Defense Experts Blast Biden's Taiwan Policy

Biden, advisers have sought to cut back support for key U.S. ally

Vice President Joe Biden and his Chinese counterpart Li Yuanchao
Vice President Joe Biden and his Chinese counterpart Li Yuanchao / AP
October 20, 2020

Former vice president Joe Biden’s willingness to abandon the Trump administration's efforts to strengthen Taiwan could create major problems in the region and bolster China, defense experts say.

"I don't have very high expectations," said Heritage Foundation national security expert James Jay Carafano. "China will have a lot of cards to play."

"Taiwan is the new Hong Kong, it’s the new canary in the mineshaft," Carafano continued. "For the West not to stand up for Taiwan is a really strong signal that you’re not really going to push back on the Chinese anywhere."

Biden’s own record on Taiwan, as well as the public writings of his top foreign-policy surrogates and advisers, hints at potentially dangerous policies for both the United States and Taiwan. In 2001, Biden authored an op-ed arguing that U.S. support for the country could "draw us into a war across the Taiwan Strait." Meanwhile, recent editorials from some of Biden’s top Indo-Pacific advisers spell out a vision for Taiwan that would downplay U.S. military backing, cut defense spending, and rely on more flexible deterrence to counter Beijing. Zack Cooper, China scholar at the American Enterprise Institute, said such measures would only fuel Chinese ambitions in the region.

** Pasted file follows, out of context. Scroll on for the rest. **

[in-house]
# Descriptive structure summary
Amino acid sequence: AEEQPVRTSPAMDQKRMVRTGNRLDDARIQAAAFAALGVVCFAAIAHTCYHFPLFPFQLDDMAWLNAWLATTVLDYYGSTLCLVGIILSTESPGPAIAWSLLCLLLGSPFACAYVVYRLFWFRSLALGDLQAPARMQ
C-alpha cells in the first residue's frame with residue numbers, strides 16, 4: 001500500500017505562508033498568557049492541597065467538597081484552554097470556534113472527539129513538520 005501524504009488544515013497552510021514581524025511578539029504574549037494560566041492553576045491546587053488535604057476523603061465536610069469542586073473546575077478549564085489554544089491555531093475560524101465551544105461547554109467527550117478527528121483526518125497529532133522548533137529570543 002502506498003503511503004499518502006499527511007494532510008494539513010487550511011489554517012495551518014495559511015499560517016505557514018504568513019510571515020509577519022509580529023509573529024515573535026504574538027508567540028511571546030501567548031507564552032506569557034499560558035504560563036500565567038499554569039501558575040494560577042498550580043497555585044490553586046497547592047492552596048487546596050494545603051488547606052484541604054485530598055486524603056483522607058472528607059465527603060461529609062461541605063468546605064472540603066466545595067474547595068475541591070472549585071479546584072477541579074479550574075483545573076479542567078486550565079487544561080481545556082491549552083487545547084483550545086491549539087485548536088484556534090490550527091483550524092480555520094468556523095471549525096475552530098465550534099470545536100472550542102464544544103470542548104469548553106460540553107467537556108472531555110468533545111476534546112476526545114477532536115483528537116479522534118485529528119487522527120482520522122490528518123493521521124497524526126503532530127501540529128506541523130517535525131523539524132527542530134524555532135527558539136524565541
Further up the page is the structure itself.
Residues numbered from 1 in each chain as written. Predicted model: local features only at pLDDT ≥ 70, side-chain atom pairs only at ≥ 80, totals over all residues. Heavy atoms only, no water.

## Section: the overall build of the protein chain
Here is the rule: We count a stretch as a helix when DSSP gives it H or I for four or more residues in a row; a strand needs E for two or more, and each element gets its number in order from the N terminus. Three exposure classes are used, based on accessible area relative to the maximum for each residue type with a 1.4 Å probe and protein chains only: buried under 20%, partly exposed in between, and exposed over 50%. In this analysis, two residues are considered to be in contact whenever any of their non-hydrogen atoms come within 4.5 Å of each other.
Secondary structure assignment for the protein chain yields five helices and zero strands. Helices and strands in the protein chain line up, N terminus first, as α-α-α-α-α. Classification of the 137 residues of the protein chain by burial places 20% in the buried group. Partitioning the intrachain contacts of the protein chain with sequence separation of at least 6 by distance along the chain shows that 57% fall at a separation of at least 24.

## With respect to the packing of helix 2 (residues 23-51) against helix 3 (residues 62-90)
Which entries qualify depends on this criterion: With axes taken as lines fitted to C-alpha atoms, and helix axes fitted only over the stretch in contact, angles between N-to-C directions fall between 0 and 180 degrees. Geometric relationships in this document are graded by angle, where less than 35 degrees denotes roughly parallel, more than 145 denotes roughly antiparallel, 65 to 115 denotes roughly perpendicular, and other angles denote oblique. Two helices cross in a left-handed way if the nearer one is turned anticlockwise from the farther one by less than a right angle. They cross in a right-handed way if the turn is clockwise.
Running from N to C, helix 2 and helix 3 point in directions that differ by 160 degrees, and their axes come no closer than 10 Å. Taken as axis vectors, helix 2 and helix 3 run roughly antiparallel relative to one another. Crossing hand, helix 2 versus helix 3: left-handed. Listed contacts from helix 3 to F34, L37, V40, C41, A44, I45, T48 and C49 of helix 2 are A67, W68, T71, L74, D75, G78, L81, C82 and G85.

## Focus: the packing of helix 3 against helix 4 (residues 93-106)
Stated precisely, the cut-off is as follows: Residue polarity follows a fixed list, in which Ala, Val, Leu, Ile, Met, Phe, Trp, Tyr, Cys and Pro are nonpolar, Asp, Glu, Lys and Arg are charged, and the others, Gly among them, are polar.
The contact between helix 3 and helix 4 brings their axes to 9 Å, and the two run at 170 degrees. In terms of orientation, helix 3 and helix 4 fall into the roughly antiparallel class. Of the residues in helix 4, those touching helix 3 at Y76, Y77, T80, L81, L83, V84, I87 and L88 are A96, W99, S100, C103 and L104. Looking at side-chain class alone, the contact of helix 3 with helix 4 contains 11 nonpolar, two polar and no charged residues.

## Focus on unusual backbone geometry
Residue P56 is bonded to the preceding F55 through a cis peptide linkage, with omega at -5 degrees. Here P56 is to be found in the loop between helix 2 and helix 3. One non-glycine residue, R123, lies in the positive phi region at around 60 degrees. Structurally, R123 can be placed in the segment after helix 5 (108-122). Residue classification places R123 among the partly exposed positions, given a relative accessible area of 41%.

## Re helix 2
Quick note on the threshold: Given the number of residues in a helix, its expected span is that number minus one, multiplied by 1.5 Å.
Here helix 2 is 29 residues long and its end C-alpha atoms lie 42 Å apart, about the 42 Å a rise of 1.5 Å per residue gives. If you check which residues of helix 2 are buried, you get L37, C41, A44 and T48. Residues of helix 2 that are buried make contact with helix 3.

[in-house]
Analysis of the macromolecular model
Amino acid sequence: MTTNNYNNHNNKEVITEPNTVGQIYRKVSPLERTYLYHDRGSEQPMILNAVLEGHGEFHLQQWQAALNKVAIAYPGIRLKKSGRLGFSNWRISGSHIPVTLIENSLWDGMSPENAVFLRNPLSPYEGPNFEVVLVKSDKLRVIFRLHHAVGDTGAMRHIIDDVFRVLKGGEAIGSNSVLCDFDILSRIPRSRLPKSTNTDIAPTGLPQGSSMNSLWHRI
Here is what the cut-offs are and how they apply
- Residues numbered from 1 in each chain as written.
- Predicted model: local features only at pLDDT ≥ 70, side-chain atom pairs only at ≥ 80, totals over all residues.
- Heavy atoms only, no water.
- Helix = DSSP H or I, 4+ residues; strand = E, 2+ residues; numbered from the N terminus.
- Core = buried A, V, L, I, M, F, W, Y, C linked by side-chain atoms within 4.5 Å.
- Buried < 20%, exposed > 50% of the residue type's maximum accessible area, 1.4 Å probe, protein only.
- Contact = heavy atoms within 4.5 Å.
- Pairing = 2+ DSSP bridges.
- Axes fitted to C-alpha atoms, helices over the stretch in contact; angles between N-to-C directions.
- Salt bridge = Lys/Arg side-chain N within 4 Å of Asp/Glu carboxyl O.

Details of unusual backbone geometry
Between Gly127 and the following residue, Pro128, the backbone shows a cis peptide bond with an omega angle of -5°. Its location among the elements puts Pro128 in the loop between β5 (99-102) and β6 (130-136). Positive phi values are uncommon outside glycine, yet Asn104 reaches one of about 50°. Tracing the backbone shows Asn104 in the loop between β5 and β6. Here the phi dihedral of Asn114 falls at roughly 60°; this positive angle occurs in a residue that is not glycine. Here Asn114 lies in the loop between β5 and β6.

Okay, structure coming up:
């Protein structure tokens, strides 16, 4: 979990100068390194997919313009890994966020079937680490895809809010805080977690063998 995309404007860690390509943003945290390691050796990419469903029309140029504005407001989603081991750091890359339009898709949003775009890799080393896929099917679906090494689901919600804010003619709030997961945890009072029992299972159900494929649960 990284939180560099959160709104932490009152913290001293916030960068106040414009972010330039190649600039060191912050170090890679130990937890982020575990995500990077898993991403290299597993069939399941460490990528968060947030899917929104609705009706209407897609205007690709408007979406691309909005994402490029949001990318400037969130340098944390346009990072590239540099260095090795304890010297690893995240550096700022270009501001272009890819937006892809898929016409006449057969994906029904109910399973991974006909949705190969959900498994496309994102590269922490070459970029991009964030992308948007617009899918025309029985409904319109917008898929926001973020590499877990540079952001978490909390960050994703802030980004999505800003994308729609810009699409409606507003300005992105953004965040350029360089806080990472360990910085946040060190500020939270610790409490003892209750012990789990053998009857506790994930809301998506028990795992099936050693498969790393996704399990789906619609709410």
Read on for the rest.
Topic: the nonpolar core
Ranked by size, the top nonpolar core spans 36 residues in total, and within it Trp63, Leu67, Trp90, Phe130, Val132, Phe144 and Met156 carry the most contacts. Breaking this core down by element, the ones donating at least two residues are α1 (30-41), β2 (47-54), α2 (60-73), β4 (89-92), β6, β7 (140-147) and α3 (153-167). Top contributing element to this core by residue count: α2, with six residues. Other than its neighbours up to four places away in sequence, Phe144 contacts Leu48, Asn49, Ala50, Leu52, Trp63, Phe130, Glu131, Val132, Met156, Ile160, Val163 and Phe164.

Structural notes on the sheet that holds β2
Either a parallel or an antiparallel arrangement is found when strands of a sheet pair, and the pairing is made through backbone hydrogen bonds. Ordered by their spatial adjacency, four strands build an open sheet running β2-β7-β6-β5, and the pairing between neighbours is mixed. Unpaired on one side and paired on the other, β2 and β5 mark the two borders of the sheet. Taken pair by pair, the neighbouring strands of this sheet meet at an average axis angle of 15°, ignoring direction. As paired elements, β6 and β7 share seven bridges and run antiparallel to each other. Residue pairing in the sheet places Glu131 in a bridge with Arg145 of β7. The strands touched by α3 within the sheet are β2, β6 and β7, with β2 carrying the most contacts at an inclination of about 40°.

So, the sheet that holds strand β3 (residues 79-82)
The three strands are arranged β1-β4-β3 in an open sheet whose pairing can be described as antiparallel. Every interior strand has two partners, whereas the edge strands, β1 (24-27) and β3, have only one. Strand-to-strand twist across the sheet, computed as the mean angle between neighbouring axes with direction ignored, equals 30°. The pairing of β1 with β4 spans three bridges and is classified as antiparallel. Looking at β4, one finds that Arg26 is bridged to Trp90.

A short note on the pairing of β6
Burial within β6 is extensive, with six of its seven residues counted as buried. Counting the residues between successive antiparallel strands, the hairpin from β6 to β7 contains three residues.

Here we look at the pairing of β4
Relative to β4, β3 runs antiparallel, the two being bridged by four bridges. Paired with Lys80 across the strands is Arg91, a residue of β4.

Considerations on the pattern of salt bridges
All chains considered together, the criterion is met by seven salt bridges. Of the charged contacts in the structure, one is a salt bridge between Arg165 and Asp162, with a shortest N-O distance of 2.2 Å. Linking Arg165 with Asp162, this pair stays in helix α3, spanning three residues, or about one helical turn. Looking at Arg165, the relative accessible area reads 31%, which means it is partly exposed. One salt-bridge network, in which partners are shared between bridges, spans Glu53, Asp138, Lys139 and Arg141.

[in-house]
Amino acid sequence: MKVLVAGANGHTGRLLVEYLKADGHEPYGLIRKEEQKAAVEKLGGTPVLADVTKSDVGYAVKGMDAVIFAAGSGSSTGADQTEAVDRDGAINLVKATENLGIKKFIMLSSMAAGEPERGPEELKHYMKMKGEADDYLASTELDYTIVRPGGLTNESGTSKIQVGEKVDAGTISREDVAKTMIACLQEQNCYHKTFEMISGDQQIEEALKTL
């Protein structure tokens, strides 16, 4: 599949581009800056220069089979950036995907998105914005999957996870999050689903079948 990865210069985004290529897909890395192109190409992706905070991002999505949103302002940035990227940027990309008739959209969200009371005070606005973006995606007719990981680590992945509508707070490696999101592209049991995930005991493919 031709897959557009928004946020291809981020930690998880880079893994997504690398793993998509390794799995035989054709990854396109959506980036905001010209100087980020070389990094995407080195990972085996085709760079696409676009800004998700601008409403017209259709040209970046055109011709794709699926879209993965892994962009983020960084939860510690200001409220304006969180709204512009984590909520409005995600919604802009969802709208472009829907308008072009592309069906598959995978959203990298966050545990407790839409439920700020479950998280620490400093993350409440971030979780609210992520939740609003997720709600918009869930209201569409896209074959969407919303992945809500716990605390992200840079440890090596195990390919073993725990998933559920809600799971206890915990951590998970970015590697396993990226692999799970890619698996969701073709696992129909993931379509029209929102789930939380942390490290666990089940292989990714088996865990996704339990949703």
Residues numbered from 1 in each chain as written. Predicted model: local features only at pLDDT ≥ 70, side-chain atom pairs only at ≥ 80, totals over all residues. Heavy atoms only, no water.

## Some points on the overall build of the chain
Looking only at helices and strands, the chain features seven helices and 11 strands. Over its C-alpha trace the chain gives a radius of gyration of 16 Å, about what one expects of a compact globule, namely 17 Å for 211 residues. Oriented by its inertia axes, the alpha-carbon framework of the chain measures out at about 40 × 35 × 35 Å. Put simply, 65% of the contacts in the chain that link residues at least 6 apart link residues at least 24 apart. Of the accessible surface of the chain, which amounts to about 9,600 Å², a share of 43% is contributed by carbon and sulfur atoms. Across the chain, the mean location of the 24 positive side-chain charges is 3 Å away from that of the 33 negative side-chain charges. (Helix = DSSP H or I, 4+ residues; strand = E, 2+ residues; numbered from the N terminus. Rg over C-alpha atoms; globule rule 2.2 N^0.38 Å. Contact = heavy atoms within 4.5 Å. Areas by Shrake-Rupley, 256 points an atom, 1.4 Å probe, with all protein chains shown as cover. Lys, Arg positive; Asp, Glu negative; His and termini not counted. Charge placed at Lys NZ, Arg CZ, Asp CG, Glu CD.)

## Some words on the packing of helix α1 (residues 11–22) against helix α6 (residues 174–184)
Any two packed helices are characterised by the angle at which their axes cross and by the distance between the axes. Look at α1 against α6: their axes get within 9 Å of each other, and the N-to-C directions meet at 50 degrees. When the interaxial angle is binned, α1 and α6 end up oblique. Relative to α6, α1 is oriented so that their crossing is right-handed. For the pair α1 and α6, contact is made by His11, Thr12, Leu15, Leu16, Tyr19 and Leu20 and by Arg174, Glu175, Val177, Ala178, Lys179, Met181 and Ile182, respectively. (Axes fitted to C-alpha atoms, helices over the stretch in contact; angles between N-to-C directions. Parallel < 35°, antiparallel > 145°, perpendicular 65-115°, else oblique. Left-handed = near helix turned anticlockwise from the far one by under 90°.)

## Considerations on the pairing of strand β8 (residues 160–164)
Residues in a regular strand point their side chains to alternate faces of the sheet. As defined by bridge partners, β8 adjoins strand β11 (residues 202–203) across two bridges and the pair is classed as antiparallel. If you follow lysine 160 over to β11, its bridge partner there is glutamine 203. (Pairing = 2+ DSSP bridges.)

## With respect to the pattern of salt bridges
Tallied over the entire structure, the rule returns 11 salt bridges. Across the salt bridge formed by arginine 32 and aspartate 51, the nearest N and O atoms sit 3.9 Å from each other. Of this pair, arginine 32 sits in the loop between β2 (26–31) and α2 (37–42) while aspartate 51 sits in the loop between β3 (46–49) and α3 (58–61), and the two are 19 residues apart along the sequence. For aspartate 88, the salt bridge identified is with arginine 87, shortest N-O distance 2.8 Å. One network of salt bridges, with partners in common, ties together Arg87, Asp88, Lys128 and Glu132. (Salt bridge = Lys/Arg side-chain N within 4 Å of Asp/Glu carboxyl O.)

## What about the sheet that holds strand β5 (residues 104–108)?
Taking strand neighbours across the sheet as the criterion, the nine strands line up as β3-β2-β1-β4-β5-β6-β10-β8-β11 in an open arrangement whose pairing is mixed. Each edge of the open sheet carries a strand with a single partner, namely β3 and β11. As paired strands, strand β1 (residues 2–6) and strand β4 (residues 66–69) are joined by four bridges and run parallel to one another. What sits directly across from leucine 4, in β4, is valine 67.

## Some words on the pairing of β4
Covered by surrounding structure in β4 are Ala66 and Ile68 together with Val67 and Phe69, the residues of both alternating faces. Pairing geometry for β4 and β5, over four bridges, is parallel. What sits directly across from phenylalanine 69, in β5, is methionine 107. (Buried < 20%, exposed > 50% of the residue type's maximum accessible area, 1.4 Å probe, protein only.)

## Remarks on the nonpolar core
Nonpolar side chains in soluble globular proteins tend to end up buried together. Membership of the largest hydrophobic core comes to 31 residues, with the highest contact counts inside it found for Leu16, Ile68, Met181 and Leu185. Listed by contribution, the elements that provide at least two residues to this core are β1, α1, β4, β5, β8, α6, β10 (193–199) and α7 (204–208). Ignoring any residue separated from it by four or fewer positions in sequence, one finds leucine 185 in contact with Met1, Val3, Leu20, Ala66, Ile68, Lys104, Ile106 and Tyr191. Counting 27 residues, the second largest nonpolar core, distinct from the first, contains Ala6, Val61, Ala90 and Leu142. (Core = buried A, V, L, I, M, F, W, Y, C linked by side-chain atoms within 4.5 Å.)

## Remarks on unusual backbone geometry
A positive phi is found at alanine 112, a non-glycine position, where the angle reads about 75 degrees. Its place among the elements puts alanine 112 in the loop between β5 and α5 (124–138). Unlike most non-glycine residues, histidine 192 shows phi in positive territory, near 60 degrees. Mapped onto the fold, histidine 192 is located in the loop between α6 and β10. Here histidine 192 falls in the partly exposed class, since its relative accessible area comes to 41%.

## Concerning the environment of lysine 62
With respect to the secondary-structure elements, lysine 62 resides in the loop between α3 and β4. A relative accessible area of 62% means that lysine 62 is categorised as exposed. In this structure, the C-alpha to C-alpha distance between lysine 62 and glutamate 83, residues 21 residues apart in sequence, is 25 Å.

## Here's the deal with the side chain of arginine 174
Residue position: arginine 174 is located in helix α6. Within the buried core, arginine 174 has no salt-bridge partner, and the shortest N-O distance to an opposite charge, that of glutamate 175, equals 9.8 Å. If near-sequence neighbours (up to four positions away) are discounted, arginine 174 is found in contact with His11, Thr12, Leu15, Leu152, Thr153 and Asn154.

"You will see some serious downward pressure on the defense budget," Cooper told the Washington Free Beacon. "I think the Democrats know that this is going to be a real tension."

Carafano lodged similar complaints. "The problem with our enemies is that they can all count," he said. "We can do all this stuff about how we are going to be smarter on defense.... That has zero impact on great-power competition."

The Biden campaign did not return a request for comment about Democrats' past handling of Taiwan, including his eight-year tenure as vice president. Obama and his Asia hands struggled with Taiwanese-U.S. relations, loath to do anything besides the "bare minimum," according to Carafano. The administration could not forge a free trade agreement and was generally reluctant to send senior diplomats to Taiwan. In contrast, the Trump administration sent two senior-level executive branch officials to Taiwan in 2020 and is moving to secure Taiwan's first free trade agreement with Washington.

Obama acted on an "engage and hedge" strategy on Beijing, which meant to cooperate with China on key issues, but to dissuade the Chinese Communist Party when it made decisions contrary to American interests. Experts anticipate a similar "compete but hedge" strategy from the Biden camp, which they say does little to recognize a new era of great-power competition.

"Their whole bumper-sticker idea is coexistence with China," said Indo-Pacific expert at the American Foreign Policy Council Michael Sobolik. "What we’re going to need to be ready for is China not approaching that in good faith."

Taiwan has been a major player in supporting the offshoring of American industry from China, and a critical ally in the effort against the Chinese Communist Party. To abandon this ally, experts warned, could signal trouble for the future of global democracy. Beijing continues to improve its capabilities to invade Taiwan. The regime has already conducted war games in anticipation of overtaking the island nation.